At the same time, the pandemic caused many people to re-evaluate their priorities. Many began working from home. As they spent more time at home, they began to think more about building custom homes to have more space or the exact layout and amenities they wanted. Working remotely allows people to work from anywhere, so many have started thinking about relocating to where they really want to live and building their custom dream home.

Expect demand to remain high for all of this year as home buyers continue to turn to new construction as existing home inventory remains tight and prices remain high.

4. Labor Shortages

Labor shortages also continue to plague nearly every industry.

The booming demand for home construction has left many contractors scrambling for skilled labor. While more than 3 million people work in the residential construction industry, there are 300,000 to 400,000 job openings each month. At the same time, we’re seeing an aging workforce with significant retirements.

Labor shortages are prevalent across multiple trades, from carpenters to electricians to plumbers to HVAC. While the pandemic augmented a labor shortage, it wasn’t entirely unexpected.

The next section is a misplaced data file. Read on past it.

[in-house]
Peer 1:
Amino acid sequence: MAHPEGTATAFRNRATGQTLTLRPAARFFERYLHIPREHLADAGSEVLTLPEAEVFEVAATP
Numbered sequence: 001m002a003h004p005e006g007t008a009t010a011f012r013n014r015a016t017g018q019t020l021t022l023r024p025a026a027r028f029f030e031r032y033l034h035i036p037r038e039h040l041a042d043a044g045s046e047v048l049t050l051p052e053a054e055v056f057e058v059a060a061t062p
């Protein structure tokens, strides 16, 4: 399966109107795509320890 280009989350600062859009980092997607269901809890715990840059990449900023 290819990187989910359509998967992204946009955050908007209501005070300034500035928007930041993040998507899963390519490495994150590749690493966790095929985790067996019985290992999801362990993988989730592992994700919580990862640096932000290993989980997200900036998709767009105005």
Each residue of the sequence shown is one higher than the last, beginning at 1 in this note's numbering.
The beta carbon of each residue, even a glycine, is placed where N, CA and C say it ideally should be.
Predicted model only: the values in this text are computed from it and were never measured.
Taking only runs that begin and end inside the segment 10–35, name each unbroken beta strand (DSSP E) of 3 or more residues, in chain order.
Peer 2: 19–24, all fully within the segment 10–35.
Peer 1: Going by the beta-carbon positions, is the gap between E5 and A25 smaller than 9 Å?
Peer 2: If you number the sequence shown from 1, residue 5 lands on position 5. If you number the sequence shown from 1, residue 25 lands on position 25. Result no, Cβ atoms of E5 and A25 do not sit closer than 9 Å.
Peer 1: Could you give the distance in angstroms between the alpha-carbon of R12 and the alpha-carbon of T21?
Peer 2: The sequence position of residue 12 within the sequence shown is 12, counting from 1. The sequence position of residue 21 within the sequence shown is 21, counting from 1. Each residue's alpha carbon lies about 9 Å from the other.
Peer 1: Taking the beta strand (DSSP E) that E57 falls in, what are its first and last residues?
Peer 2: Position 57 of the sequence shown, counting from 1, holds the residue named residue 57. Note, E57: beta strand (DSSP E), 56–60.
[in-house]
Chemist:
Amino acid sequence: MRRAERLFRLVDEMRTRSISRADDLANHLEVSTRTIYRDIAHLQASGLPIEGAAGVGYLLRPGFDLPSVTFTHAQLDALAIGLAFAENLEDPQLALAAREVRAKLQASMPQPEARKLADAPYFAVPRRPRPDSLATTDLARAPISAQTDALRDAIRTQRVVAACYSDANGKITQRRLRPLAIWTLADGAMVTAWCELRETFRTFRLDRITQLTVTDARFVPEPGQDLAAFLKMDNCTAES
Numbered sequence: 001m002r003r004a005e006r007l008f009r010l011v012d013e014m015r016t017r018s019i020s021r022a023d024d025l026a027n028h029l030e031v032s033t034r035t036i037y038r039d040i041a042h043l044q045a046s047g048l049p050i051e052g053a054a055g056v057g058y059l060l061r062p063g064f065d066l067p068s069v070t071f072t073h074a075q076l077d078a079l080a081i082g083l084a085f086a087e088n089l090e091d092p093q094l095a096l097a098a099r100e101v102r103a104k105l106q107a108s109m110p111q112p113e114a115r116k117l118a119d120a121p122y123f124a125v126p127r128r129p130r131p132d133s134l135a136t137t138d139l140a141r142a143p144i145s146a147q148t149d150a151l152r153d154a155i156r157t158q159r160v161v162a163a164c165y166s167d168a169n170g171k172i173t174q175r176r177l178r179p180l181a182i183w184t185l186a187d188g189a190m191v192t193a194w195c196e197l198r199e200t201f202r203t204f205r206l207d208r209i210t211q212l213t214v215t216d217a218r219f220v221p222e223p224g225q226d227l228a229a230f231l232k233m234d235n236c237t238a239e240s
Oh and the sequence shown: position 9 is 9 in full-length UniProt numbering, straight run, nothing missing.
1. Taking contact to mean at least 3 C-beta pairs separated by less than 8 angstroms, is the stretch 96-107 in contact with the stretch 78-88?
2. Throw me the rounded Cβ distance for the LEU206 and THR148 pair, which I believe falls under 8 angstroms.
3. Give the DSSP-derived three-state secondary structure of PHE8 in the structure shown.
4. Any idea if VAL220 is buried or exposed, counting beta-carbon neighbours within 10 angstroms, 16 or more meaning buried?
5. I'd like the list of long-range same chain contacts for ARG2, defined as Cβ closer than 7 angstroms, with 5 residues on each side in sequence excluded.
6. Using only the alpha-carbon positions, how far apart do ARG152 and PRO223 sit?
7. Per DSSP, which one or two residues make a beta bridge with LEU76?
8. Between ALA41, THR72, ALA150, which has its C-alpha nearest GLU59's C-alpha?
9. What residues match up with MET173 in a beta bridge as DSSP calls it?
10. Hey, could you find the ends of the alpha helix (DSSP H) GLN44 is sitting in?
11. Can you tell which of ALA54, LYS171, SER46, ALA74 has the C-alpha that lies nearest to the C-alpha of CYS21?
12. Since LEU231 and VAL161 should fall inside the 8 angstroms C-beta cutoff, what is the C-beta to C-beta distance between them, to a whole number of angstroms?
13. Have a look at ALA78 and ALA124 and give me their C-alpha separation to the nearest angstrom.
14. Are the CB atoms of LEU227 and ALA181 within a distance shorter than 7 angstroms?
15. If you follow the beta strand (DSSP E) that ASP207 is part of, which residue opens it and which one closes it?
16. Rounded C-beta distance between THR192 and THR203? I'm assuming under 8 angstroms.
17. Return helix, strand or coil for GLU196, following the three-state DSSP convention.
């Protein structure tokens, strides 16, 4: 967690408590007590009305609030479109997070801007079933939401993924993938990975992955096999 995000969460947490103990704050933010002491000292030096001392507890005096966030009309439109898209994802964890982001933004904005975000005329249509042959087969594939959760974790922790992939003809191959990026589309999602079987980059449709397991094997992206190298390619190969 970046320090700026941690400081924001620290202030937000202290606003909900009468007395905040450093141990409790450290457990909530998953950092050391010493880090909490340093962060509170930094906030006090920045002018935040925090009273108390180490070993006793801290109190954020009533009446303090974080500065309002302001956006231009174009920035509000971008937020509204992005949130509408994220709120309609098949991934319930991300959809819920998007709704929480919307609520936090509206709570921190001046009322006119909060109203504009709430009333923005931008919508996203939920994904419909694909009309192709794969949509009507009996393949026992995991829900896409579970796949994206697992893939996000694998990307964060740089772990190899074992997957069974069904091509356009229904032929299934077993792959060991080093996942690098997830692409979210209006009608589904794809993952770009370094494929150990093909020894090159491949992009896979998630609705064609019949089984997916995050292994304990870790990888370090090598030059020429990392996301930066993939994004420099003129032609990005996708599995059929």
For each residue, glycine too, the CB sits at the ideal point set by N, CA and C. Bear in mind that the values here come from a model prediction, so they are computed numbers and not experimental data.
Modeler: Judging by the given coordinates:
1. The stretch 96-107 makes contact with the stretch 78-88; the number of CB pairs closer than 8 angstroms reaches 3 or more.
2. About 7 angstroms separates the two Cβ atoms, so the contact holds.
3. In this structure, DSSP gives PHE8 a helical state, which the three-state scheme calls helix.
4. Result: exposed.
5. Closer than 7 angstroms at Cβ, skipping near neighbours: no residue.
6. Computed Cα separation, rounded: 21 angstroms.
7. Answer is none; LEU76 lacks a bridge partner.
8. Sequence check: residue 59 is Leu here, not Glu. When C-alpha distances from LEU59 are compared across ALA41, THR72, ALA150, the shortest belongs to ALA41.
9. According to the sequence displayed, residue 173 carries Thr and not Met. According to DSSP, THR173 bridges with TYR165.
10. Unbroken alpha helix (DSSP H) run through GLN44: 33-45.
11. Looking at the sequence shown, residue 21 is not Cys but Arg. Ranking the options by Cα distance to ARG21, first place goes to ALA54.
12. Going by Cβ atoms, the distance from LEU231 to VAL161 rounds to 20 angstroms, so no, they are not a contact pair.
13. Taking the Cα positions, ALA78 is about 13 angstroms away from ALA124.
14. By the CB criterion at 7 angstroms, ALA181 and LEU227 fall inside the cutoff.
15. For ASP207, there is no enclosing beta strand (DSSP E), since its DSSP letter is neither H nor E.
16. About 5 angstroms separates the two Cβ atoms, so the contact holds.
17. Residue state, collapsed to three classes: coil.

The Home Builders Institute estimates the construction industry needs more than 2 million new workers during the next three years.

 

Meeting This Year’s Custom Home Building Industry Challenges Head-on 

As custom home builders search for ways to manage their business and insulate themselves from challenges, many are forming strategic partnerships with material suppliers.

With an affiliation, custom home builders join other industry professionals to create a collective that has improved buying power. Not only does this open the door to lower prices through bulk purchasing, but also seeing faster turnaround times as the large orders are given higher fulfillment priority. 

Another strategy custom home building industry professionals are turning to is using construction processes rooted in efficiency, such as panelized construction

Designed to maximize materials, budgets, and labor, panelized construction reduces building times and the resources needed. For the builder, this has two immediate impacts:

  1. A project is completed faster, opening schedules up for more projects
  2. Prices are kept in check, helping the client pay for only what they need. 

Home Building Industry News: Growth Opportunities in 2022

In 2022, custom home building remains a worthy and noble pursuit. You’re helping people realize homeownership and build their dream home. 

With demand remaining high, there are significant growth opportunities for custom home builders in 2022 despite the challenges.

Give Your Custom Home Building Business a Leg Up 

Download our e-book to explore how becoming a Barden Independent Dealer sets your company up for long-term and scalable growth:

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Topics: Panelized Construction, Barden Independent Dealers, Custom Home Building Industry